“Words are our most inexhaustible source of magic,” Dumbledore tells Harry in the magnificent final installment of the Harry Potter series, but that sentiment doesn’t denigrate screen magic at all. J.K. Rowling’s writing has a visual, cinematic style to match her compelling narrative gifts, and the Potter books and movies have such a graceful, rich symbiosis that while watching the films it’s sometimes hard to say whether I’m recognizing a scene from the novels or remembering it from a movie.
The previous Potter films, all seven of them, have not always been equally good though. Until now, Alfonso Cuaron’s dark, stylish Harry Potter and the Prisoner of Azkaban was unquestionably and by far the best. David Yates, who has directed every Potter movie since number 5, has too often emphasized soaring action over the human heart.
For Rowling, wizardry is an immensely appealing fantasy and a source of high drama, but it’s also icing: she always makes us care about the magicians, more than the magic, a quality Yates’ films have struggled with. But the finale overcomes all that, as Harry Potter and the Deathly Hallows Part 2 brings the series to a nearly flawless close.
Although Harry, Hermione and Ron are recent grads of Hogworts in Deathly Hallows 2, the film treats them as grown-ups at last, a relief from watching Daniel Radcliffe, Emma Watson and Rupert Grint – adults, after all – pretending to be children. And this film deftly follows a plot that is more fluid and less intricate than the previous few Potter movies: as the new headmaster of Hogwarts, Severus Snape has turned it into a place filled with Death Eaters, devoted to the dark forces of Voldemort, whom Harry must destroy in order to live.
Ralph Fiennes’s snaky, noseless Voldemort may be the evil antagonist, but Alan Rickman’s slithery, black-caped Snape is more central and complex in this grand finale, and Rickman’s masterful performance makes him an endlessly commanding, sinister presence. When Snape addresses a gathering of Hogwarts students, the room is in utter silence and there is not so much as a note of music on the soundtrack; Rickman’s elegant, chillingly precise voice is melody enough. Among the surprises Snape guards until near the end: his long-ago connection to Harry’s mother.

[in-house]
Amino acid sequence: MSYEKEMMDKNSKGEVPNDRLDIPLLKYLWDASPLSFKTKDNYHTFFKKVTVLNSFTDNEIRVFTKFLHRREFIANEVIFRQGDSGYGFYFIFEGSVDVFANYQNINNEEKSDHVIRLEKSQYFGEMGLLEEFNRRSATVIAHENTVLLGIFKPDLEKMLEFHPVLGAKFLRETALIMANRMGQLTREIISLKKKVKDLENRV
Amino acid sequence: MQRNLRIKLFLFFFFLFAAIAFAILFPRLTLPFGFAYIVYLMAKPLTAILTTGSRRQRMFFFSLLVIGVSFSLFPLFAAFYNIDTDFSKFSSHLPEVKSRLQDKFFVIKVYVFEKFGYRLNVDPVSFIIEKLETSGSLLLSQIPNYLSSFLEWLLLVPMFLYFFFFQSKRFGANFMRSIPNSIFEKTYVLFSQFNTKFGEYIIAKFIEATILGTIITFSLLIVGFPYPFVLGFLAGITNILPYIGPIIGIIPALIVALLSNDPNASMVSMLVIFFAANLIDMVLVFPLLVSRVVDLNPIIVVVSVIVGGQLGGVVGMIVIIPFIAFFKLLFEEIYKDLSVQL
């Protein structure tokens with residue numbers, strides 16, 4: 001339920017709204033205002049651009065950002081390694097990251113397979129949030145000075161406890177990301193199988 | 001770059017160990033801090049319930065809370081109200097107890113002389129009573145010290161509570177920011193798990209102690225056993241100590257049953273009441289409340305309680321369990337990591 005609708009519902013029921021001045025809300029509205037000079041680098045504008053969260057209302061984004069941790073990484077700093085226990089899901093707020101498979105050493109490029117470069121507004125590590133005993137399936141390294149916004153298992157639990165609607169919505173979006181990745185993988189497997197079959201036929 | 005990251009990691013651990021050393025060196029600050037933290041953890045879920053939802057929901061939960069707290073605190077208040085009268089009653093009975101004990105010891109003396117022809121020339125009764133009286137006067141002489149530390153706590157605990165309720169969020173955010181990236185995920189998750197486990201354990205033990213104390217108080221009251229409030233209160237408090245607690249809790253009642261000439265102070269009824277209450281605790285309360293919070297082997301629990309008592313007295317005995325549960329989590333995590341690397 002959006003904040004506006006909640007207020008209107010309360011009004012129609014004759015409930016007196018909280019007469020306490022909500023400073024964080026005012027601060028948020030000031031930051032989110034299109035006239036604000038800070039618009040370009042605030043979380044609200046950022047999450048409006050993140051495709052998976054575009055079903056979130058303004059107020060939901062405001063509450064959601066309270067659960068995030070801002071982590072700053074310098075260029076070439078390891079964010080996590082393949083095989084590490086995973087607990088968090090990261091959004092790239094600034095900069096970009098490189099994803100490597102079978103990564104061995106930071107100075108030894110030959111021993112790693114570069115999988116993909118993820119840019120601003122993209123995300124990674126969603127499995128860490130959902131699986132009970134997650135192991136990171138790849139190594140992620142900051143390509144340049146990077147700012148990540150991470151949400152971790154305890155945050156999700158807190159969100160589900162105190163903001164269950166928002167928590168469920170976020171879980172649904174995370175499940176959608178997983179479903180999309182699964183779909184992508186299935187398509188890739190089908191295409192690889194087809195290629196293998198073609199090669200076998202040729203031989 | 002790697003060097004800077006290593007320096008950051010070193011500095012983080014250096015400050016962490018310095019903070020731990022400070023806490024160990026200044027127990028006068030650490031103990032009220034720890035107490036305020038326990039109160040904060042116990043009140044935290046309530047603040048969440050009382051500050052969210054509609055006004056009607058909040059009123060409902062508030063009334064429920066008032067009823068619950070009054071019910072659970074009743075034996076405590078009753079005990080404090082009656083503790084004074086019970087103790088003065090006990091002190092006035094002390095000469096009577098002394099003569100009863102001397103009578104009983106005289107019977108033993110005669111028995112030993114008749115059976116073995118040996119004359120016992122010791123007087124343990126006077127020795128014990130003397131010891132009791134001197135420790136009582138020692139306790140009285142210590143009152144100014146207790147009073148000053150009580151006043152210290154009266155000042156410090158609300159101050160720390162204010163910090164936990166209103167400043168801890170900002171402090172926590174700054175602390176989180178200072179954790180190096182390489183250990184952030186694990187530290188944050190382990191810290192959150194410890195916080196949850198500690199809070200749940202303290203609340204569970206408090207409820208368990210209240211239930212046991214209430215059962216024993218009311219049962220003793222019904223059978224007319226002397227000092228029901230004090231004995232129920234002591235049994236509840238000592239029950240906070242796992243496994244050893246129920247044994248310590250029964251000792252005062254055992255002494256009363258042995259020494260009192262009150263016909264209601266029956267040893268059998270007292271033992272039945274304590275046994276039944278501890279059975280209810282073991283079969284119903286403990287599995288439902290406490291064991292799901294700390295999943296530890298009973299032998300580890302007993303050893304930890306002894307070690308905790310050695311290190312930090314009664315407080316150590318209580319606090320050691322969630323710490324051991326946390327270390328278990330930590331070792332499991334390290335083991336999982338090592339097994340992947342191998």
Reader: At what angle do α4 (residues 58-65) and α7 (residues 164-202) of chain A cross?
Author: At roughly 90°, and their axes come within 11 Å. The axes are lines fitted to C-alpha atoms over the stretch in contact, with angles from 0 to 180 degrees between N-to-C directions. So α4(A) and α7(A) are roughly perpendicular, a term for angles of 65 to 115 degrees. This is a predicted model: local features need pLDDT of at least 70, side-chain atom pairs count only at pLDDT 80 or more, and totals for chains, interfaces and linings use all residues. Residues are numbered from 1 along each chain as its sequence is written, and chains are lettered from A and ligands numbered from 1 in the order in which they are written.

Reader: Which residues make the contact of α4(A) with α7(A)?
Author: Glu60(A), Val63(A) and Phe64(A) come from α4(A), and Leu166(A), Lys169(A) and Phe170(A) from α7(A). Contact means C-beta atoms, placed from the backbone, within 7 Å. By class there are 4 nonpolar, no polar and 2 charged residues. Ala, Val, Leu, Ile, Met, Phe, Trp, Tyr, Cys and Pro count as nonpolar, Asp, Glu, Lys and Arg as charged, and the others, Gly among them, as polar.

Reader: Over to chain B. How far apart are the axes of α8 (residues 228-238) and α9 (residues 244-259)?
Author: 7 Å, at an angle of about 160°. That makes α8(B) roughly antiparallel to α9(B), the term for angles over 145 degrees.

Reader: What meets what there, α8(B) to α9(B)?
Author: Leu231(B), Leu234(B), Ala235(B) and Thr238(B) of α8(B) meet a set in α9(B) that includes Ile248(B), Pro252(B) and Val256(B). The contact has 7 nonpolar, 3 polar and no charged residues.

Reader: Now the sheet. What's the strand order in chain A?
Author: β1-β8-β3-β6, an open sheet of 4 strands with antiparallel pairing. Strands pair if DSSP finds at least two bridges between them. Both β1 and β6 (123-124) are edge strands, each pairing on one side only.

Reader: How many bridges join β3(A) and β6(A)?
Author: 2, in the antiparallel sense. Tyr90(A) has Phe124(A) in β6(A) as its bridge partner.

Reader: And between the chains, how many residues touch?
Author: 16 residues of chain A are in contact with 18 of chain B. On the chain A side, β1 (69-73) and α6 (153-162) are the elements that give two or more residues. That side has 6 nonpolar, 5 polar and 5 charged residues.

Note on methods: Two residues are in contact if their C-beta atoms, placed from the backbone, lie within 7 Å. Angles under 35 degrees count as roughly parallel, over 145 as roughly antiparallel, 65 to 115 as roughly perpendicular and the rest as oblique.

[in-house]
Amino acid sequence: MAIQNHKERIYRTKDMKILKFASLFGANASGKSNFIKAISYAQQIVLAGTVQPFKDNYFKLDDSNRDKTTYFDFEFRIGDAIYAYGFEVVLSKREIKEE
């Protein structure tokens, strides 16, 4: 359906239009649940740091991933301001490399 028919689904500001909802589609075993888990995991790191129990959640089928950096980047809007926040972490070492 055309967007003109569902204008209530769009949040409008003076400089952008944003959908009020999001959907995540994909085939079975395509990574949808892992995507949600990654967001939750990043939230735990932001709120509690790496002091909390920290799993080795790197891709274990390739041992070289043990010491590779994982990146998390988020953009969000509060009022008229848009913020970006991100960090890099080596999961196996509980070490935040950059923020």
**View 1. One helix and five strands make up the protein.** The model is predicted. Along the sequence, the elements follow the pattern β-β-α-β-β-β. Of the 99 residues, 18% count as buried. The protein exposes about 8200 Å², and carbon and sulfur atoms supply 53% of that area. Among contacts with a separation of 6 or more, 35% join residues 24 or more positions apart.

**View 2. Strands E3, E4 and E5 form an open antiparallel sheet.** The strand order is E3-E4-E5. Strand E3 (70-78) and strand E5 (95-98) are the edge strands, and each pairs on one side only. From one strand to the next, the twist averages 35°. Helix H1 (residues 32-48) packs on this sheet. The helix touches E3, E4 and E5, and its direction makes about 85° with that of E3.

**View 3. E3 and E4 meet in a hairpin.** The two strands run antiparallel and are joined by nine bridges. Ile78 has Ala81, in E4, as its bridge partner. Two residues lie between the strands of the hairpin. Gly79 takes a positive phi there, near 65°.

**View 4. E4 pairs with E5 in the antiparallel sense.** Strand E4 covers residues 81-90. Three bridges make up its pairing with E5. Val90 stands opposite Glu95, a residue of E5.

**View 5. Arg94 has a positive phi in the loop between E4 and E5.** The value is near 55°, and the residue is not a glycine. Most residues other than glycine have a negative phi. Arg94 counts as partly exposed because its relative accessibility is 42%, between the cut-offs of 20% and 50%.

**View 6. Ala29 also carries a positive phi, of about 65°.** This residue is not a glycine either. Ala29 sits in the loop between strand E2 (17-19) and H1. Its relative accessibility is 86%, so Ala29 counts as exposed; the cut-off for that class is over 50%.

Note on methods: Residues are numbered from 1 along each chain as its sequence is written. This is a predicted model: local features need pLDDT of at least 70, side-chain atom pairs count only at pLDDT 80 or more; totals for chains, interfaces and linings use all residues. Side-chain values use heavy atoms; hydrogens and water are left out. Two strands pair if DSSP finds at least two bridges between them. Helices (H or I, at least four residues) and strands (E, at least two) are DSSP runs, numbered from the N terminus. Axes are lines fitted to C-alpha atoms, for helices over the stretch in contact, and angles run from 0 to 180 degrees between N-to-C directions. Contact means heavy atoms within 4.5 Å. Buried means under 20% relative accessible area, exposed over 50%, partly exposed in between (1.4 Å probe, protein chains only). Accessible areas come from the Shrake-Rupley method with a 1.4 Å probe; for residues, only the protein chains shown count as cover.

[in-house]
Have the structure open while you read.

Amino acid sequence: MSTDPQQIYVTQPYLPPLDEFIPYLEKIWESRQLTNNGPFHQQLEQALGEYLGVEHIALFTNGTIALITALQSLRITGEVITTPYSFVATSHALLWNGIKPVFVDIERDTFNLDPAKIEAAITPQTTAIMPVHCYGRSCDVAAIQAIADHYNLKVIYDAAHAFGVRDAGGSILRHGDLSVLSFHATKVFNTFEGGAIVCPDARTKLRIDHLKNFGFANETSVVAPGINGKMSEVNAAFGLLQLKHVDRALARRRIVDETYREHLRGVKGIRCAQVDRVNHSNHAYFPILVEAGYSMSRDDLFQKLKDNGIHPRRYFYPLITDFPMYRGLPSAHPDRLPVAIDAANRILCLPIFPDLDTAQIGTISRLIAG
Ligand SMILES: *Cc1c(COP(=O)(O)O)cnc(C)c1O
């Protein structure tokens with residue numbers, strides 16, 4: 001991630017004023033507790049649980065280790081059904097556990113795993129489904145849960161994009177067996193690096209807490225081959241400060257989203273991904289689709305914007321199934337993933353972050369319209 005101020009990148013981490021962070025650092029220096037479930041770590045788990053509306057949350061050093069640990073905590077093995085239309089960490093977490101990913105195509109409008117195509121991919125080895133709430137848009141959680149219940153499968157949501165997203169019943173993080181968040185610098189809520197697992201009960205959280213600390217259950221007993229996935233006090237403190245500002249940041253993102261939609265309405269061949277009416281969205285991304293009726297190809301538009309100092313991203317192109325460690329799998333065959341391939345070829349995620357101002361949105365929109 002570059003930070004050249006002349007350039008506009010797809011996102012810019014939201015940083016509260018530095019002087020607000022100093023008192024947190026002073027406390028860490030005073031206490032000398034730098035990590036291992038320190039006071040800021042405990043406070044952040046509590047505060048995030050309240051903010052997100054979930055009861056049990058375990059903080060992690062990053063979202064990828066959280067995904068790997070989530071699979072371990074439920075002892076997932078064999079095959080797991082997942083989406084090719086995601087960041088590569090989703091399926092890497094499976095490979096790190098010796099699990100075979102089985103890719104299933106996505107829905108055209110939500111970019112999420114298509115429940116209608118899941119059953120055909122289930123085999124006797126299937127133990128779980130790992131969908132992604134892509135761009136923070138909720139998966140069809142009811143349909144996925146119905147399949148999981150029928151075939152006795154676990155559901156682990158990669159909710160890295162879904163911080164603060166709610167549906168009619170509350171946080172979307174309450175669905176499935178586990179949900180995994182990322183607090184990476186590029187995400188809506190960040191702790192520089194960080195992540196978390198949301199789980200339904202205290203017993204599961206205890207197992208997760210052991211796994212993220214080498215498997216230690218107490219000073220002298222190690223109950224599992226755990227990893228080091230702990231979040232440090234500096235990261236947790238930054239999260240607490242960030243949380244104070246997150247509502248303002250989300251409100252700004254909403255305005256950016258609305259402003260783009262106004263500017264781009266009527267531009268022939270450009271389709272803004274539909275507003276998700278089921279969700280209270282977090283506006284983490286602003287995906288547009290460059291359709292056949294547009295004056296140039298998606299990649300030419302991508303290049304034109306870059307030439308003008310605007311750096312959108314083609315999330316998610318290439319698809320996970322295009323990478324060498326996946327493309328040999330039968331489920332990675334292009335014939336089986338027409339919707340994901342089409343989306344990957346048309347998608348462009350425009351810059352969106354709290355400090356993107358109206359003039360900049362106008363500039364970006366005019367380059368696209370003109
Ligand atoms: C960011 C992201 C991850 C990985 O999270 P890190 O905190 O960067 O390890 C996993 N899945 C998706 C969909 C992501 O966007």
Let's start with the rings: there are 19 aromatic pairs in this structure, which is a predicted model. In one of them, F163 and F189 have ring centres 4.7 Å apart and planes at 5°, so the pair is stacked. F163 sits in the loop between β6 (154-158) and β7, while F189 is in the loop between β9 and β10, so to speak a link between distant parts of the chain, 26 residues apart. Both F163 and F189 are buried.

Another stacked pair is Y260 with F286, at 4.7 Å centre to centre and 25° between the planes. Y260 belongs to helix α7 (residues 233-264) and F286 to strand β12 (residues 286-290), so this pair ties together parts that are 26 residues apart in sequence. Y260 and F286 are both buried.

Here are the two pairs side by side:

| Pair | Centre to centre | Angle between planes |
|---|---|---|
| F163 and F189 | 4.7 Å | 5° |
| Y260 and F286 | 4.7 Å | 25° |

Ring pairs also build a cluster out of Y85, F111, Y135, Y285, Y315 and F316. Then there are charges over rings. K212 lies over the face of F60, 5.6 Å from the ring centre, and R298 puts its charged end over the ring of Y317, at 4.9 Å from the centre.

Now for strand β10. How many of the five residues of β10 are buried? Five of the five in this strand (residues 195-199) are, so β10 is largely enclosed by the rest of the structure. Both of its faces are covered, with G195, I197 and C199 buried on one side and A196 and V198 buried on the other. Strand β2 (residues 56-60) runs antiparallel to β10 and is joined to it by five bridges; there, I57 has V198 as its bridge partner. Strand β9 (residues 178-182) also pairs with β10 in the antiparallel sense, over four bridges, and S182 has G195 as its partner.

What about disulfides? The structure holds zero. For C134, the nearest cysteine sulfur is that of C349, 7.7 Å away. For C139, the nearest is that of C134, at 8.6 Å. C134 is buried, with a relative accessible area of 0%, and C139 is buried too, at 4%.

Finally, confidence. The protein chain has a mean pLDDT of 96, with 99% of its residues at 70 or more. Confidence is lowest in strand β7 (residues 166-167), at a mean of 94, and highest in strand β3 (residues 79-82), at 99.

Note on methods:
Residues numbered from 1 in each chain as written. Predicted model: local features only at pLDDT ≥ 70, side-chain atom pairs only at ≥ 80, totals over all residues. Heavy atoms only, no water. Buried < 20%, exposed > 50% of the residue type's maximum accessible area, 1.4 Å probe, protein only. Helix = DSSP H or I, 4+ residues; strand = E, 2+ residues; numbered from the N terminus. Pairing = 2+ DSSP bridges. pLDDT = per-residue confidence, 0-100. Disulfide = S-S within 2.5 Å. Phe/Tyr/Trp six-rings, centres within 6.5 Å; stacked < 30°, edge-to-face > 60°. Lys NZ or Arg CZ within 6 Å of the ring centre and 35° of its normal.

Before Harry and Voldemort arrive at their inevitable one-to-one showdown, every beloved character from the series puts in an appearance, even the dead ones: we glimpse Hagrid, Dumbledore, Sirius Black and Harry’s parents, in scenes that are sweetly emotional but never saccharine. Radcliffe has grown into a serious actor capable of powerful restraint, as he has demonstrated in Equus on Broadway. His controlled performance as Harry is largely responsible for the resonant emotional tone of those scenes.
And happily, the film ends as Rowling’s novel does, flashing ahead 19 years to find Harry and his friends truly grown-up. (You didn’t think Voldemort would win, did you?) It would have been a cheap, easy, all-too-natural movie trick to save that epilogue for another time, but it creates a totally satisfying conclusion.
Yates’ action here is as outsized as ever: swarms of Voldemort’s soldiers head toward Hogwarts, into a battle that mixes old-fashioned crowds with a counterattack of fiery plumes from wizards’ wands and statues come to life. (The march toward Hogwarts is actually a little bit Braveheart. Here’s a link to my list of Other-Movie References in Deathly Hallows 2, with Aliens topping the chart.)
But it’s the screenplay that really soars. Steve Kloves has written all but one of the Potter films, yet this is his sharpest and most literary, mining Rowling’s novels for their vibrant language and color as well as their stories.
As in the novels, the little lessons are practically buried: when Harry saves his enemy Draco Malfoy from a fire, he gains what ordinary humans might call good karma. We never guess how he will be repaid.
The screenplay even includes flashes of self-referential wit. When Hermione says they need a plan to thwart Voldemort, Harry says, “Hermione, when have any of our plans ever worked? We plan, we get there, all hell breaks loose.”
Deathly Hallows 2 is filled with such moments that warmly embrace the entire series. After Harry stumbles into a glowing white room and gets advice from the no-longer-living Dumbledore, he asks if the conversation is real or just happening inside his head. “Of course it’s all happening inside your head, Harry,” Dumbledore says. “Why should that mean it’s not real?”
Like his tribute to words and magic, Dumbledore’s lines speak to the very real, often wise enchantments the imagination can create. Rowling has made the world of Harry Potter a living presence on the pages of her books. She is truly Dickens’ heir; if the names Slytherin and Severus Snape aren’t Dickensian I don’t know what is. The films, including the sublime Deathly Hallows 2, create a world that is recognizably the same but alive and dazzling in its own way, as if seen through a shimmering, magic mirror.